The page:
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Authorities say trends dictate items to steal

Thefts linked to supply, demand

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Propane tanks are disappearing from Augusta's convenience stores, but they aren't the first hot item to make the top of local thieves' wish lists.

Just like the economy at large, criminal enterprises follow the law of supply and demand, police say. Instead of making what their consumers want, they steal it.

This fluctuating "market" means area law enforcement must stay up to date and identify the items that are the most attractive to thieves.

"What's popular today may not be popular next month or next year," said Capt. Steve Morris of the Columbia County Sheriff's Office.

In the past few years, thieves have shied away from stealing such things as car-stereo systems and furniture and instead targeted newer inventions, including GPS units and flat-screen TVs, Morris said.

The theft of more unusual items, such as the 60 propane canisters stolen this month, are harder to predict because it's not as clear what they are used for. Investigators suspect people are stealing them to sell or for use in home methamphetamine labs.

"It's mainly what they can sell -- what people can get off for a quick buck," said Richmond County sheriff's Investigator Kendall Brown.

Brown, now a violent crimes investigator, was once the point man of the sheriff's department's copper/metal task force.

Perhaps no other market trend in recent memory has caused the kind of widespread criminal activity as the sudden and sustained rise of metal prices -- particularly copper. And no other provides a better example of how authorities respond to trends in property crime.

For years, police were finding metal ripped from air-conditioning units, school bleachers and even fire hydrants almost daily. Most of the metal ended up at one of Augusta's many recycling centers for shipment overseas -- where Asian markets were driving up demand, Brown said.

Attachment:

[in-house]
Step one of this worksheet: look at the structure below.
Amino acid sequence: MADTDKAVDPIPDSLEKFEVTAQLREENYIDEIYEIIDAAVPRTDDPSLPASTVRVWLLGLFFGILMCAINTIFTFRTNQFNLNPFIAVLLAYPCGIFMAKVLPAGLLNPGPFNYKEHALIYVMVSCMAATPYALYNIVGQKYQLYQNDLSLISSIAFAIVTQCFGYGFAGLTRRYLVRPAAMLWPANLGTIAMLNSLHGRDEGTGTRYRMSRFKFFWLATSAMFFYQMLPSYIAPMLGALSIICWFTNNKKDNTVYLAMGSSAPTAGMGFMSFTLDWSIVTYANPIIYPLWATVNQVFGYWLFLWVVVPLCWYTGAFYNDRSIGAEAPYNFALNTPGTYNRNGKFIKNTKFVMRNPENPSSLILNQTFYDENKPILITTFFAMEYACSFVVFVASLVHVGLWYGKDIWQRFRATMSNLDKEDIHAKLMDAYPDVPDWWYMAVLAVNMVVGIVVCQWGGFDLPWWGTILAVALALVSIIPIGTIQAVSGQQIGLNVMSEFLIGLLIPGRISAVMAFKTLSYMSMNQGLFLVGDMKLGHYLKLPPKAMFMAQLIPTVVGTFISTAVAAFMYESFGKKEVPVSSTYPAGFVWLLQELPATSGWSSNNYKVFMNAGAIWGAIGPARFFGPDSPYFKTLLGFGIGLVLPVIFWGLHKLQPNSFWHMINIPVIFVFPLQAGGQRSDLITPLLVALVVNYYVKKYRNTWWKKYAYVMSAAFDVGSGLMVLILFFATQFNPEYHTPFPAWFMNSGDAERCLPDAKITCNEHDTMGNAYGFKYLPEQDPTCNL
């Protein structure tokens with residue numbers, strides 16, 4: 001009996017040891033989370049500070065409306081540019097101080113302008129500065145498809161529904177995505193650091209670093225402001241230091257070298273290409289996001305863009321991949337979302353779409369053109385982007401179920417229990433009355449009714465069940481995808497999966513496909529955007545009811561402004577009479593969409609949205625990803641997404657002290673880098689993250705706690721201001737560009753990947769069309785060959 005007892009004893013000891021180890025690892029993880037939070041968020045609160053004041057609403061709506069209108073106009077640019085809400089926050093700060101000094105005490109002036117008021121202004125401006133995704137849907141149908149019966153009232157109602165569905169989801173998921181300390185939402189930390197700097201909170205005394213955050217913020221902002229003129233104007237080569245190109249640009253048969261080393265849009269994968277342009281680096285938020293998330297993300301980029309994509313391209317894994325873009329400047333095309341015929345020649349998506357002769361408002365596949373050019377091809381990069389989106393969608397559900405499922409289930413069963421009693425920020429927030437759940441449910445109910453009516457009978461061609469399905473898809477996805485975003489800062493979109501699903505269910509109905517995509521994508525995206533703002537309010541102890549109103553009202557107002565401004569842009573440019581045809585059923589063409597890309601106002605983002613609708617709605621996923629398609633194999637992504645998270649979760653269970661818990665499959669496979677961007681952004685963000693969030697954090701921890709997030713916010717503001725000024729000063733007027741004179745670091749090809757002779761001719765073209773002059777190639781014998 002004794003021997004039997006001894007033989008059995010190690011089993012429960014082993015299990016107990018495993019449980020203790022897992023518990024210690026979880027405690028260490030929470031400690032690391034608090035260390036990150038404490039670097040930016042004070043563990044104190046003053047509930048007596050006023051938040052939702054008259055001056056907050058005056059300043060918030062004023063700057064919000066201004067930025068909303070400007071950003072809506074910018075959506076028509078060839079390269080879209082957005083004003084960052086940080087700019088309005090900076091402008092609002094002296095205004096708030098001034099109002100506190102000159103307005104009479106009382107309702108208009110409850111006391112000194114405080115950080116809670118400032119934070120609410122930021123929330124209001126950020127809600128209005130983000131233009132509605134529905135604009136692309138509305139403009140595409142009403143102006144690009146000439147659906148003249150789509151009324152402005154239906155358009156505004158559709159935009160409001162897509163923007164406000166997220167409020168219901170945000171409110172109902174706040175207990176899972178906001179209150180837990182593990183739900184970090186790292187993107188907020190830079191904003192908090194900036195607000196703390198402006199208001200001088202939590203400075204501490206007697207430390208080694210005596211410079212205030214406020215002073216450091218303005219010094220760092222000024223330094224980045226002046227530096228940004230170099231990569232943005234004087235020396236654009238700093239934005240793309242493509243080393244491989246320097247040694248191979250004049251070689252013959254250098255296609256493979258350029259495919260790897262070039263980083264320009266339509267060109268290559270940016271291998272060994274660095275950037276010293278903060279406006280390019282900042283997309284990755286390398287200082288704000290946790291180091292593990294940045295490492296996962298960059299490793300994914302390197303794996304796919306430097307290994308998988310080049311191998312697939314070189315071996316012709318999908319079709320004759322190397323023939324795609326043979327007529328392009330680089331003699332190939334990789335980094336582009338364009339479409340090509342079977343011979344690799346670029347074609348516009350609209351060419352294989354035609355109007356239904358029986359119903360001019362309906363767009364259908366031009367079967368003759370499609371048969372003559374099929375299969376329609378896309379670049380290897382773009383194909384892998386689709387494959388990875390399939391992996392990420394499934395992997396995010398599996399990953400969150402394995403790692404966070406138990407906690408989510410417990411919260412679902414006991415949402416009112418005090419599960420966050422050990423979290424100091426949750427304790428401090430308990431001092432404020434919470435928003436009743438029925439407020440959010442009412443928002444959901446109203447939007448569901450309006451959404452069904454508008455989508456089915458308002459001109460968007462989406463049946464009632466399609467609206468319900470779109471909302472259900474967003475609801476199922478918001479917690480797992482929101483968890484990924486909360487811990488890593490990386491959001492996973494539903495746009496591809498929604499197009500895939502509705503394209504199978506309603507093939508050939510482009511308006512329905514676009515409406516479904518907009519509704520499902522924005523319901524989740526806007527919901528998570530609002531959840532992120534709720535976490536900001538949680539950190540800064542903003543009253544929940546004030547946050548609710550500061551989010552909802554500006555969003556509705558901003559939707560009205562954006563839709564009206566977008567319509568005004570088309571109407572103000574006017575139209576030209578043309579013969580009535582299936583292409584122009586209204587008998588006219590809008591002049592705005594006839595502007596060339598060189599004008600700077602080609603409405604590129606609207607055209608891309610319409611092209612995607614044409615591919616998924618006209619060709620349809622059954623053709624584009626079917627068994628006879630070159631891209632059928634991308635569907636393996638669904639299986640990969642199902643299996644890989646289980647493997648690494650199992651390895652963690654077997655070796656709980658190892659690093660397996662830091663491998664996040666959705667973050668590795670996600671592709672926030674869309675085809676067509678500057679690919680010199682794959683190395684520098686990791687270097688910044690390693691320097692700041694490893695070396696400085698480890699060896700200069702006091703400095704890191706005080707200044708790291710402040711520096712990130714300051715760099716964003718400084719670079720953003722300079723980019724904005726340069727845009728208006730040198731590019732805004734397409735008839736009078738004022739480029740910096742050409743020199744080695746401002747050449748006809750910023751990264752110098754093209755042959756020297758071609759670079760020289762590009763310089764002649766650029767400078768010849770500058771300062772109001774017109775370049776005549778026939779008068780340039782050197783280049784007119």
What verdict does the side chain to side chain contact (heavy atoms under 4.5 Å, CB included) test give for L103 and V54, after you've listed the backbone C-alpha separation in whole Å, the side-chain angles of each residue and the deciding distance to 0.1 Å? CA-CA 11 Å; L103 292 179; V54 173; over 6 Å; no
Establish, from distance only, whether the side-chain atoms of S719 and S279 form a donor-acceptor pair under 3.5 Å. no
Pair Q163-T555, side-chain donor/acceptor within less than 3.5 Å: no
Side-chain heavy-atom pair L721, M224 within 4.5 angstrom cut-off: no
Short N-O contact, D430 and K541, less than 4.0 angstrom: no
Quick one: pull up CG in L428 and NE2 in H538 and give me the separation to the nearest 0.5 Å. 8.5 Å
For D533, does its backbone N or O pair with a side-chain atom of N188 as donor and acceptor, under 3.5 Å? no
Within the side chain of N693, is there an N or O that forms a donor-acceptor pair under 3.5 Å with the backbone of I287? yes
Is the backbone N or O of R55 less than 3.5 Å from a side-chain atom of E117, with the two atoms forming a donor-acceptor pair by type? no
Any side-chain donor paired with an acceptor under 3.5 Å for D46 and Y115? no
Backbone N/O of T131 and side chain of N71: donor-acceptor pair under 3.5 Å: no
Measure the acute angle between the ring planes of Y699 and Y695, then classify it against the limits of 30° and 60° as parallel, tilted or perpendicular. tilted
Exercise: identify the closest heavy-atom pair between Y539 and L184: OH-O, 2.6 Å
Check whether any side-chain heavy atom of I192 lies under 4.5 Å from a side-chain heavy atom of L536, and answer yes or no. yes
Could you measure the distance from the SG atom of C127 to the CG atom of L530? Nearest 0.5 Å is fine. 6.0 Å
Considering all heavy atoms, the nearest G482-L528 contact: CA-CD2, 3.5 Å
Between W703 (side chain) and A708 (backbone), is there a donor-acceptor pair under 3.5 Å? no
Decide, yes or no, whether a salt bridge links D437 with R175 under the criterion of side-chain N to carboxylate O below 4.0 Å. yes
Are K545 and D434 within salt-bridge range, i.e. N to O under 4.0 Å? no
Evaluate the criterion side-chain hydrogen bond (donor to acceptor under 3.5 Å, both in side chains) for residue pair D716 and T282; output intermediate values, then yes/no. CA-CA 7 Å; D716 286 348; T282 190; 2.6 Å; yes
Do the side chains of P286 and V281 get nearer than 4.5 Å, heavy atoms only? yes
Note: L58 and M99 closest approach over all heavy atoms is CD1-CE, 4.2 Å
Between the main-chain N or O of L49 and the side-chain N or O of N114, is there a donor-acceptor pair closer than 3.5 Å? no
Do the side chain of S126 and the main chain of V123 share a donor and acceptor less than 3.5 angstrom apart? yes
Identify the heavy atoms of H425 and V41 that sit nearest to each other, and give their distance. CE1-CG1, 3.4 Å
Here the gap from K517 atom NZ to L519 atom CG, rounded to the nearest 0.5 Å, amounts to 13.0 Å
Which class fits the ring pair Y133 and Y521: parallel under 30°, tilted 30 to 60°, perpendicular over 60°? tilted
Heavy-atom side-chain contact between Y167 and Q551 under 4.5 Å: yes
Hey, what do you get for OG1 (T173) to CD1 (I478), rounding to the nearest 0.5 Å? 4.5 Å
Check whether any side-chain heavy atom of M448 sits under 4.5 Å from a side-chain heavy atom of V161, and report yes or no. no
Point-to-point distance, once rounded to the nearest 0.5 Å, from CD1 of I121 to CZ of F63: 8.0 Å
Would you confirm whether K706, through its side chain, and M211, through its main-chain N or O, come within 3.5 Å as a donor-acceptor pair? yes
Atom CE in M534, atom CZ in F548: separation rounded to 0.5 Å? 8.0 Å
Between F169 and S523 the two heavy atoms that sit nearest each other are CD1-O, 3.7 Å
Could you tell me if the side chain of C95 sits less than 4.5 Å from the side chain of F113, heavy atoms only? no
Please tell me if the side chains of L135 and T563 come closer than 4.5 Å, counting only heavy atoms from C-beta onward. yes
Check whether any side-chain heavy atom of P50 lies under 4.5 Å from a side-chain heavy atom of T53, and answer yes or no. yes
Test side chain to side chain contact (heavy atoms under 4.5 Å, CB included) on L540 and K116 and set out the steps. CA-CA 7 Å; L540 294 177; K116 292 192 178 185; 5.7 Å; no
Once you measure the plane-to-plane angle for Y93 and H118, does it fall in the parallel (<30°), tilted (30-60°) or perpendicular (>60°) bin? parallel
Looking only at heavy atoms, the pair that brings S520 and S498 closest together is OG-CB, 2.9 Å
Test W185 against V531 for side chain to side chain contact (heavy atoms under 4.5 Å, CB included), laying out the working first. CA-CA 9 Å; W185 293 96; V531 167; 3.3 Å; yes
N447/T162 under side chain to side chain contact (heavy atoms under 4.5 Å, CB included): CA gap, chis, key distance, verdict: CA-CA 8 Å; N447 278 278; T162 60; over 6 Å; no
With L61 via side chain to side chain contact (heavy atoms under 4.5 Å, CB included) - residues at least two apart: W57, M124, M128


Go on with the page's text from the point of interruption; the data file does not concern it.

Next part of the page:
In what proved to be a successful model, Brown and his supervisors devised a plan to cut off the market for the metal by working closer with the scrap yards.

The owners had traditionally been reluctant to call the police when someone dropped off a suspicious pile of metal because if it proved to be stolen they lost money.

Brown talked to the victims on a case-by-case basis and persuaded them to leave their metal at the yard because it had been damaged in the theft anyway. That way the yards wouldn't lose money because the victims could get insurance restitution. And they would be more likely to let police know when something suspicious came along.

Scrap yards were soon calling police when a suspicious load of metal arrived, and thieves were deterred.

Brown said they also worked to coordinate with other local agencies, including Columbia and Aiken counties. Because most thieves brought their metal to Augusta to sell, it only made sense that the quicker the deputies in Augusta knew the load might be coming their way, the easier it would be to catch the thief.

This kind of plan -- identifying trends, coordination among departments and attacking the money source -- is essential to fixing theft trends, Morris said.

"This has meant tremendous strides in communication (between departments) that has paid dividends to say the least," Morris said.

But while authorities feel such measures are successful, they are still reactive, he said. Keeping ahead of issues is always better, and prevention is key. Much of that lies in the hands of the public.

"We still preach prevention," he said.

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justus4
101
Points
justus4 02/27/10 - 06:16 am
0
0
Duh...thieves steal what they
Unpublished

Duh...thieves steal what they can sell or isn't nailed down. What university produced this brilliant piece of journalistic footwork? Here's the question: What deterents are being employed to deter such criminal activity? What planning is in place to predict "supply and demand"? With the level of unemployment predicted for the next few years, this issue can only get worse.

terry67
0
Points
terry67 02/27/10 - 07:40 am
0
0
What deterents are being

What deterents are being employed to deter such criminal activity? Heres your answer - NONE! The courts keep putting them back on the streets! And yes unemployment does make some ppl turn to crime, but most choose to be crooks regardless of their employment status! I know of a few ppl who got caught stealing copper from their job! And a good paying job at that! A crook is a crook.....most steal because they know they can with little or no consequences.

deekster
24
Points
deekster 02/27/10 - 07:42 am
0
0
Banks on every corner.

Banks on every corner. Credit Unions on every corner. Drug stores on every corner. Circle K on every corner. "Walk right in".

deekster
24
Points
deekster 02/27/10 - 07:47 am
0
0
Hey, lets leave Procter and

Hey, lets leave Procter and Gamble out of this discussion. High profits, but no involvement in thievery. A good community partner. They support the gay lifestyle. Even TIDE can't get the "deep down dirty" out. LOL